Translational Biomarkers in Cancer Therapy

Adel Gouri1*, Aoulia Dekaken2, Mohamed Chefrour3, Arifa Aissaoui1, Nihad Labed1, Wissem Abdaoui4 and Sadek Benharkat1

Laboratory of Biochemistry, College of Medicine, Annaba 23000, Algeria

Department of Internal Medicine, Pr EL OKBI Public Hospital, Guelma 24000, Algeria

Laboratoire de Biochimie, Hôpital de La Timone Enfant, Marseille, France

Department of Biology, Guelma University, 24000, Algeria

*Corresponding Author:
Adel Gourii
Laboratory of Biochemistry, College of Medicine
Annaba 23000, Algeria
Tel: 00213 666 088 226
E-mail: [email protected]

Received date: December 18, 2015; Accepted date: December 21, 2015; Published date: December 28, 2015

Citation: Gourii A. Translational Biomarkers in Cancer Therapy. Ann Clin Lab Res. 2015, 3:4.

 
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Abstract

For decades, relevant improvements in cancer therapy have occurred, with a significant increase in the overall survival of patients. Nevertheless, with the recent emergence of highly selective molecular targeted agents and high-throughput genomic characterization technologies, robust and well-validated cancer biomarkers are increasingly needed.

Editorial

For decades, relevant improvements in cancer therapy have occurred, with a significant increase in the overall survival of patients. Nevertheless, with the recent emergence of highly selective molecular targeted agents and high-throughput genomic characterization technologies, robust and well-validated cancer biomarkers are increasingly needed.

Therefore, the new translational biomarker approach holds great promise for optimizing the safety and efficacy of pharmacotherapy and individualizing medical treatment to the patient. These biomarker approaches (including genetics, genomics, gene expressions, proteomics, and imaging) will facilitate evaluation of disease progression, drug efficacy, and drug-induced adverse reactions [1]. Translational medicine plays an important role in the research of malignant tumors and clinical treatment. Basic research on tumor biology has broadened our understanding of factors such as occurrence, metastasis, and drug resistance. Tumor biomarkers are of potential use in early cancer diagnosis, anticancer therapy development, and monitoring the response to treatment [2].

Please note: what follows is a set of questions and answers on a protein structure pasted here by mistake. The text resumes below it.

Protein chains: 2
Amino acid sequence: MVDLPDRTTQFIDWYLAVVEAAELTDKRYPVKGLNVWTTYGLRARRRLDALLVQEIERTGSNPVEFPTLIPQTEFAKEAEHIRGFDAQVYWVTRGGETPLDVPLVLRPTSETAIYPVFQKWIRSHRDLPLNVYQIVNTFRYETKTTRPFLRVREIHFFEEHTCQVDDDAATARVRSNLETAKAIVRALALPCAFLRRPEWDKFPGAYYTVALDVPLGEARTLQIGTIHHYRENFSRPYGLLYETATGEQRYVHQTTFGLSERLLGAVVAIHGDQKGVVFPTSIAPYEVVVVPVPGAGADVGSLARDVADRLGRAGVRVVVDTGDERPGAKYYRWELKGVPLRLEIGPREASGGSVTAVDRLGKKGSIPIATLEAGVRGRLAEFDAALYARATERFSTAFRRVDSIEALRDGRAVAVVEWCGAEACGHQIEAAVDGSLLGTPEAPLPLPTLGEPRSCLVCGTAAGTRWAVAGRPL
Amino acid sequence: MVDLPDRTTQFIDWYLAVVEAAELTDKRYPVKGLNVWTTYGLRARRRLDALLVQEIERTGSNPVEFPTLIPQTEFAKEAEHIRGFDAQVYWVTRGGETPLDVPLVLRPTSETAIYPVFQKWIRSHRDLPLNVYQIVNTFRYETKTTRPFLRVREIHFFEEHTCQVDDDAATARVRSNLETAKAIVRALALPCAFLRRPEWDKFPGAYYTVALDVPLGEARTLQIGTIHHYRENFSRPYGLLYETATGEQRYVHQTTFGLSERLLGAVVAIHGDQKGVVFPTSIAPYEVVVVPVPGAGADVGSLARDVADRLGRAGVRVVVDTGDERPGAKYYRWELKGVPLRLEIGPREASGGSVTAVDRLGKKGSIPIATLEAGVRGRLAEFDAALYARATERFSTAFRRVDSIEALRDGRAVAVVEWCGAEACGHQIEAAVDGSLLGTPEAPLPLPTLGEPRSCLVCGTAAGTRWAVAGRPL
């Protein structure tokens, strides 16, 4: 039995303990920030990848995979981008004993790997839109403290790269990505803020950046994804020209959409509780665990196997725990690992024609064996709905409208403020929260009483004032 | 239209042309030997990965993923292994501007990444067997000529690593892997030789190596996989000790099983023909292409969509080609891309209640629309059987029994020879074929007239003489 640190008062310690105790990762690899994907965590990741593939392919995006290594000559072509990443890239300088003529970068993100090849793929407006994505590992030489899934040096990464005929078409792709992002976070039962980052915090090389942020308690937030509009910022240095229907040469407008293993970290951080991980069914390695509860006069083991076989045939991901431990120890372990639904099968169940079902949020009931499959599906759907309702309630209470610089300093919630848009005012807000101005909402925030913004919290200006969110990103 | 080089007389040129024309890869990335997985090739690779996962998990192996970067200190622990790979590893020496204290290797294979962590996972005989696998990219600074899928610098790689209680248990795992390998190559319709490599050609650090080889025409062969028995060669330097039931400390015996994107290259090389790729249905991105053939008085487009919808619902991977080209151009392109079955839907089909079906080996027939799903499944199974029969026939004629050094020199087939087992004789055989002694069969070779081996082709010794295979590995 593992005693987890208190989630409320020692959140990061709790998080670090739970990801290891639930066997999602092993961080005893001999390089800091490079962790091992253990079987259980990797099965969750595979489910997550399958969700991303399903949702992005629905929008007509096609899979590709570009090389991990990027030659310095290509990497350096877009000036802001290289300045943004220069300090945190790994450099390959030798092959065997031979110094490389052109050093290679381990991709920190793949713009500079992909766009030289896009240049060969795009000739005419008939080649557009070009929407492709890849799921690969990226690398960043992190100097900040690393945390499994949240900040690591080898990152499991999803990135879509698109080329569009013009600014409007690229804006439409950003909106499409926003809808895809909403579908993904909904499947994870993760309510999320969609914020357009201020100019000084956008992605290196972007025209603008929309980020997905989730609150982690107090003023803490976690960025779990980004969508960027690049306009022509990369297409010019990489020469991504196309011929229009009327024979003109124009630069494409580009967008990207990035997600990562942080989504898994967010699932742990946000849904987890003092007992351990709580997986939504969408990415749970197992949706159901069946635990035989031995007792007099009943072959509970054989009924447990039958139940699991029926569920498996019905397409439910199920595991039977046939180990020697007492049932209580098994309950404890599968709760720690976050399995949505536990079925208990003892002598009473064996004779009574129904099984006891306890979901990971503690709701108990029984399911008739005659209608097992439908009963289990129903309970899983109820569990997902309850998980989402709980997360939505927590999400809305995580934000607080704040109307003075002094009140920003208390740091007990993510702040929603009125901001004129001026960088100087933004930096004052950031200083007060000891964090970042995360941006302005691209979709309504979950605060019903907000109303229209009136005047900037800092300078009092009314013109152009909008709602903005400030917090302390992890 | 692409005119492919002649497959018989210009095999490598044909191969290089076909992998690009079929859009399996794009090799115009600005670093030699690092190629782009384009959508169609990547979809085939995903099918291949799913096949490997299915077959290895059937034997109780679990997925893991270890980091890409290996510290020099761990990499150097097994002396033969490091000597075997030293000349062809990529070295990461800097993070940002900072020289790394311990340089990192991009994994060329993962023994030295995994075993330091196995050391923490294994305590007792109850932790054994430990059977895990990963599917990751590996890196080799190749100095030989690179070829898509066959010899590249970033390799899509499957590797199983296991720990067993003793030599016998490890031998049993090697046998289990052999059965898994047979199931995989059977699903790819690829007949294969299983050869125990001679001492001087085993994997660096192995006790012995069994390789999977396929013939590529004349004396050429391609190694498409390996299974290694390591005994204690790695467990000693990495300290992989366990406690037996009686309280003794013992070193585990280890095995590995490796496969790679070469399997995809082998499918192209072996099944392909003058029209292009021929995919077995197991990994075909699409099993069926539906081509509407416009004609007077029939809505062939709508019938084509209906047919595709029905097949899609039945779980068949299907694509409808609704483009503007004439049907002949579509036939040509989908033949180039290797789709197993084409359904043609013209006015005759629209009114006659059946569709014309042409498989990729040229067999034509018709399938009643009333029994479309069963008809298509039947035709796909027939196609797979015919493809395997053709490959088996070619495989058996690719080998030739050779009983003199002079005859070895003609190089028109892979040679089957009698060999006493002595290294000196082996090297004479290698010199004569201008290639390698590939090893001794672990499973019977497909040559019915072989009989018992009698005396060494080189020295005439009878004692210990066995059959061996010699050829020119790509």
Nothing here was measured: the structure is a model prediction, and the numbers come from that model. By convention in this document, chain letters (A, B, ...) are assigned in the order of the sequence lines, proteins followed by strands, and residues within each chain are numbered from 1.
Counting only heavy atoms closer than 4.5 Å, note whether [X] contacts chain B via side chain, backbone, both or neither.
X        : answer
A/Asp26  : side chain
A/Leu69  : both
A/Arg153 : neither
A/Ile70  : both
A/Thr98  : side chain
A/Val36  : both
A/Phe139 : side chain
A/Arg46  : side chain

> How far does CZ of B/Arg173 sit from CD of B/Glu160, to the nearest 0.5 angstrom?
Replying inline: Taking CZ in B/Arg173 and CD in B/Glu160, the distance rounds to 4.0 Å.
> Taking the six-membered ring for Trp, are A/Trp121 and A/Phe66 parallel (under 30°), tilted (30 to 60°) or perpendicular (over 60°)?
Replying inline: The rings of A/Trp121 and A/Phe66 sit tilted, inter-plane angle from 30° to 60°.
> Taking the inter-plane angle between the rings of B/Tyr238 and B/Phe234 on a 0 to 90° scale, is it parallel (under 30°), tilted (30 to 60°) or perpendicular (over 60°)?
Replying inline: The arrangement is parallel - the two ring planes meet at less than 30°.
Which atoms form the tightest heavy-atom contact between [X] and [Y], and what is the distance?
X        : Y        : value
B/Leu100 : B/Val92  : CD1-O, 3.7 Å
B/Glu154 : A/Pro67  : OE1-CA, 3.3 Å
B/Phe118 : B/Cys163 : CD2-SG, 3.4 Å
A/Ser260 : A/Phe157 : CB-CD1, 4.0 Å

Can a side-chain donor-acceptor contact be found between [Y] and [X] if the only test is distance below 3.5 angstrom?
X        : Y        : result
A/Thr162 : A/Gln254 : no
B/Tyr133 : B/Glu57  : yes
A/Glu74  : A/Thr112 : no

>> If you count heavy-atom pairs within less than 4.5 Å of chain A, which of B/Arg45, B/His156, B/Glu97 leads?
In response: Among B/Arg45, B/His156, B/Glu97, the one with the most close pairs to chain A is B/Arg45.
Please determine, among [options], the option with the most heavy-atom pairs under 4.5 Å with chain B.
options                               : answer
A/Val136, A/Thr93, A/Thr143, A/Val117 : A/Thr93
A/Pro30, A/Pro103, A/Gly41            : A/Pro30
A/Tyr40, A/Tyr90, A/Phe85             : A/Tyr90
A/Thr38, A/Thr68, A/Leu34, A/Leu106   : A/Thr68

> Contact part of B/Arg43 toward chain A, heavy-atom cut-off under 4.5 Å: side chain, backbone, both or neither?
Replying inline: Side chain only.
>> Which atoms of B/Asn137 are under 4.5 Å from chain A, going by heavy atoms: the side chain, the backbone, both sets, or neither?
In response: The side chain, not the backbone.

Rapid progress in the identification of these molecular targets in the cancer cell has led to a revolution of the “omic” in cancer care including (Whole) Genome (WGS), Exome (WES), methylome, transcriptome (including the miRnome), microbiome, metabolome, proteome and topome [3,4].

Recent studies have confirmed the utility of these biomarkers in early and accurate diagnosis and predict prognosis in cancers. A comprehensive approach based on detection of a panel of molecular alterations can give us a recognizable pattern of molecular alterations in the cancer cells which can serve as a “signature” specific for each tumor. Once such a “molecular signature” is identified in the tumor at the time of diagnosis, it can serve as a template for personalized onco-pharmacogenomics [4].

The use of this new approach has facilitated the selection of patients who would derive the most benefit from systemic therapy and a more personalised approach to treatment. However, only a few biomarkers for common solid tumours are currently routinely tested in the clinical setting. In the future, the development of less expensive and high-throughput sequencing methods will allow for the expansion of testing for genetic alterations to all tumours and patients and will lead to more tailored therapies. New and less invasive methods for obtaining tumour material such as measurement of circulating tumour cells in peripheral blood will enable more frequent monitoring of tumour response to therapy. Patients will benefit from this individualised approach to cancer care by receiving therapies modified to their unique molecular and cellular characteristics, leading to an improved therapeutic benefit to toxicity ratio. Ongoing biomarker development will allow the oncologist not only to better define prognosis and predict treatment response but also provide an early indicator of treatment efficacy [5].

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